Clause structure

This article explains how to structure your clause, i.e. how to use clause numbering, blank lines, bullets, etc.

This article does not go into styling of headings/paragraph numbering and bullets, which is explained elsewhere.



Any new clause will automatically include a paragraph number (1.) in its content body. The number 1. denotes the first numbered paragraph. Similarly, the next numbered paragraph would have to be numbered 2. and so on.

The period is essential, as a number alone (without a period) will not trigger a new numbered paragraph.

It is best practice to always start new paragraphs with paragraph numbering. Users of your clause can still choose to disable numbering by clicking the button in the document toolbar. Conversely, if there are no numbered paragraphs numbering cannot be enabled by users of the clause.

The actual number a paragraph will receive is influenced by its position inside the document. A clause with three numbered paragraphs can, for example, be numbered 2.2, 2.3 and 2.4 if it was inserted (without a title) as subclause of clause 2 that has a single paragraph. Or it could be numbered 2.1.1, 2.1.2 and 2.1.3 if it was inserted as a subclause to the first paragraph of clause 2.


A clause can contain subparagraphs as well. This is done by adding an additional number to the number of the main paragraph number, i.e. the first subparagraph to the first numbered paragraph would be numbered 1.1., the second subparagraph would be numbered 1.2. etc.

If you want to return to the original paragraph level after your subparagraphs (i.e. without starting a new numbered paragraph), you have to re-enter the original paragraph’s numbering. An example:

1. This is the first paragraph.

1.1. This is the first subparagraph to the first paragraph.

1.2. This is the second subparagraph to the first paragraph.

1. This text will be back on the level of the first paragraph (without new numbering).

2. This is the second paragraph.

This results in the following output:

Blank lines

A blank line can be inserted by entering two returns (i.e. hitting the Enter-key twice). One return does not suffice: ClauseBase will ignore this and show the text as if there was no return present. Conversely, more than two consecutive returns will be ignored as well. Still only one blank line will be shown in that case.

Blank lines can be used to start a new subparagraph that should never be numbered (as absent the paragraph number, no number can ever be attributed in ClauseBase).

Line breaks

A line break can be inserted in ClauseBase by typing %%. The text after %% will be started on a new line. A line break ut will not start a new paragraph, similar to how line breaks work (“soft returns”) work in Microsoft Word. Multiple consecutive line breaks can be inserted.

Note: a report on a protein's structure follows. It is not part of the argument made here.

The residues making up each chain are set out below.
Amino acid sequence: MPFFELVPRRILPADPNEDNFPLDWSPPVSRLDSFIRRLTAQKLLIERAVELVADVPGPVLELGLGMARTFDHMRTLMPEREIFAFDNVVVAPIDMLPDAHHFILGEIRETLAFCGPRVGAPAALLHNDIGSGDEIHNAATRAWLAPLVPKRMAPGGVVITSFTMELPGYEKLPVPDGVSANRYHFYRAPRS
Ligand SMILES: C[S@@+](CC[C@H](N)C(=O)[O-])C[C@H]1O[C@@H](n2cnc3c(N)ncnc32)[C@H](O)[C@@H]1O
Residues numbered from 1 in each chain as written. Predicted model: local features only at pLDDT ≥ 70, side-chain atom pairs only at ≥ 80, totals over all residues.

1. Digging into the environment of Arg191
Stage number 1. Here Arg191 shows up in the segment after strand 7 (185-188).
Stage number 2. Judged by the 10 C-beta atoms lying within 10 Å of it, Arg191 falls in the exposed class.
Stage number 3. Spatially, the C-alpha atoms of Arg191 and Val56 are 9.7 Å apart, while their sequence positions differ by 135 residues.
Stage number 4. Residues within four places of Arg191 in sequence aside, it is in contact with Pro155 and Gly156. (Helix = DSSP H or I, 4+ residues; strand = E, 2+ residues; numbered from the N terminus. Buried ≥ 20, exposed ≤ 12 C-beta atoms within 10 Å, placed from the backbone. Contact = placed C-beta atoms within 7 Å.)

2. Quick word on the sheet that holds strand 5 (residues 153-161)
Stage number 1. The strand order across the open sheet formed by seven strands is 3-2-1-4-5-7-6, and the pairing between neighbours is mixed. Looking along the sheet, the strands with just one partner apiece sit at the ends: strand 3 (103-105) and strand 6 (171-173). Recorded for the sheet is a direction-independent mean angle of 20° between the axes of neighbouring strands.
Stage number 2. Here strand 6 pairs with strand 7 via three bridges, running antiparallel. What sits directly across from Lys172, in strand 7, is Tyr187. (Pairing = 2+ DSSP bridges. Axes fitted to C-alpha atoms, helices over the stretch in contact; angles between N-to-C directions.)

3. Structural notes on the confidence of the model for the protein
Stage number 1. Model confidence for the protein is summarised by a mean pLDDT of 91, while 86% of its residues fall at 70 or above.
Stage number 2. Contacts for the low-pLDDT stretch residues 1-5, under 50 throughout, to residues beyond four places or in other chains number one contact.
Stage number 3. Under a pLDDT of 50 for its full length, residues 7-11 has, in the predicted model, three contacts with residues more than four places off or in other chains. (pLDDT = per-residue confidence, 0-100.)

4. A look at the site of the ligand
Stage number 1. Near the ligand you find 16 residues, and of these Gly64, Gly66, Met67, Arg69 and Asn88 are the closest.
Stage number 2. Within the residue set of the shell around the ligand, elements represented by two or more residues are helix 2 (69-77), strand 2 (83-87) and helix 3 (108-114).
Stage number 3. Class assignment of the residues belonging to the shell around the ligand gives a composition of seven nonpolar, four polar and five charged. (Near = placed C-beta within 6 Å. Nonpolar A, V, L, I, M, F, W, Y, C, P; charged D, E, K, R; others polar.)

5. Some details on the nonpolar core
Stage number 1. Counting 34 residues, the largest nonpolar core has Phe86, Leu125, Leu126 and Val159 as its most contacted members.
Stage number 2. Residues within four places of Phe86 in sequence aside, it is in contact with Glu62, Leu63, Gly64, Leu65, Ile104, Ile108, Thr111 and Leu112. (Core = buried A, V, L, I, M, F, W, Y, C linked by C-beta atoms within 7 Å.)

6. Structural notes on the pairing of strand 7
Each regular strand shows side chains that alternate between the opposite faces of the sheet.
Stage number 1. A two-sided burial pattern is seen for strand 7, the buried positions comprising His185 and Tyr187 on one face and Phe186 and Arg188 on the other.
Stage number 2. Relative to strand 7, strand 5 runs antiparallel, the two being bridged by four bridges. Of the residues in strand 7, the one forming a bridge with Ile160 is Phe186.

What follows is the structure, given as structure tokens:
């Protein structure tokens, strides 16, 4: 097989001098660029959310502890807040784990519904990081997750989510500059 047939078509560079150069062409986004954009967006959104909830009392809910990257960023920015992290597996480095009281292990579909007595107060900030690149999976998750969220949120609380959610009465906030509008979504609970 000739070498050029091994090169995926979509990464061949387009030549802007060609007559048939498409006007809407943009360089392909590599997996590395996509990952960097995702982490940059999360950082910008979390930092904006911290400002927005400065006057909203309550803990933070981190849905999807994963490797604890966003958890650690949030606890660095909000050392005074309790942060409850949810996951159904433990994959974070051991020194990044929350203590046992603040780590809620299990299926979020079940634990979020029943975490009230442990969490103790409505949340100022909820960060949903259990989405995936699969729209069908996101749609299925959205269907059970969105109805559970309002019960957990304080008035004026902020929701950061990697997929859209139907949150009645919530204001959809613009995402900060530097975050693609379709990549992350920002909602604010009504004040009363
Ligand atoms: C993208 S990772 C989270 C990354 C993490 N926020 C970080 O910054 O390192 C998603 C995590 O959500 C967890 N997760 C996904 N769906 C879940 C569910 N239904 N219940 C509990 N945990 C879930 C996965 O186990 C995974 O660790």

Regular bullets

Normal paragraph numbering can be replaced by bullets. Instead of entering a paragraph number (e.g. 1.), start the paragraph with an asterisk *.

Similar to subparagraphs, sub-bullets can be inserted as well by adding an additional asterisk, i.e. ** for sub-bullets to the first level of bullets.

The numbering of bullets (in accordance with the enumeration styling settings) will continue until a new heading or (sub)paragraph is encountered. It will therefore be the case that two clauses (on the same level) which only contain bullets will be numbered continuously, e.g. (a), (b), (c) (if that would be the styling chosen in the enumeration styling settings).

Forcing enumeration with “and” or “or”

You can force bullets (inserted by using the asterisks mentioned above) into an enumerated list using “and” or “or” before the final bullet. This is done by inserting * AND or * OR (as applicable) on a separate line before the first bullet. For example:

1. This list will be shown with an "and" before the final item:


* apple

* banana

* cucumber

Results in:

Result of the above grammar (with default styling settings)

This enumeration will follow enumeration styling settings.

Paragraphs without a number or bullet

Paragraphs without a number or bullet will be inserted with the same indentation as the closest preceding numbered/bulleted paragraph. For example:

1. I like the following fruits:

* apple

in particular the Jonagold variety

* banana

* cucumber

except outside of the main season

will be printed as follows:

If in this example you want to add another line that needs to “jump back” to the indentation of the first number (“1. I like the following fruits:”), instead of the indentation of the last bullet, then you need to repeat the paragraph number you want to match it to. For example:

1. I like the following fruits:

* apple

* banana

* cucumber

1. except when I am in the mood for vegetables.

will be printed as:

Or yet another example:

1. Alpha

1.1 Beta

Gamma will be printed at the indentation level of beta

1.1.1 Delta

Epsilon will be printed at the indentation level of delta

1.1 Zeta will be printed at the indentation level of beta

1. Eta will be printed at the indentation level of alpha

will be printed as:


For truly complex clauses, it can be helpful to insert comments that describe what you are doing, or why you took a certain approach. (While things may seem very obvious at the moment you are drafting it, you would be surprised how non-obvious it may be for the person who comes after — or for yourself, 6 months in the future!)

You can insert such comments by preceding a paragraph with a double forward slash:

The comment will be completely ignored by the software, so you can basically write anything you want in there.

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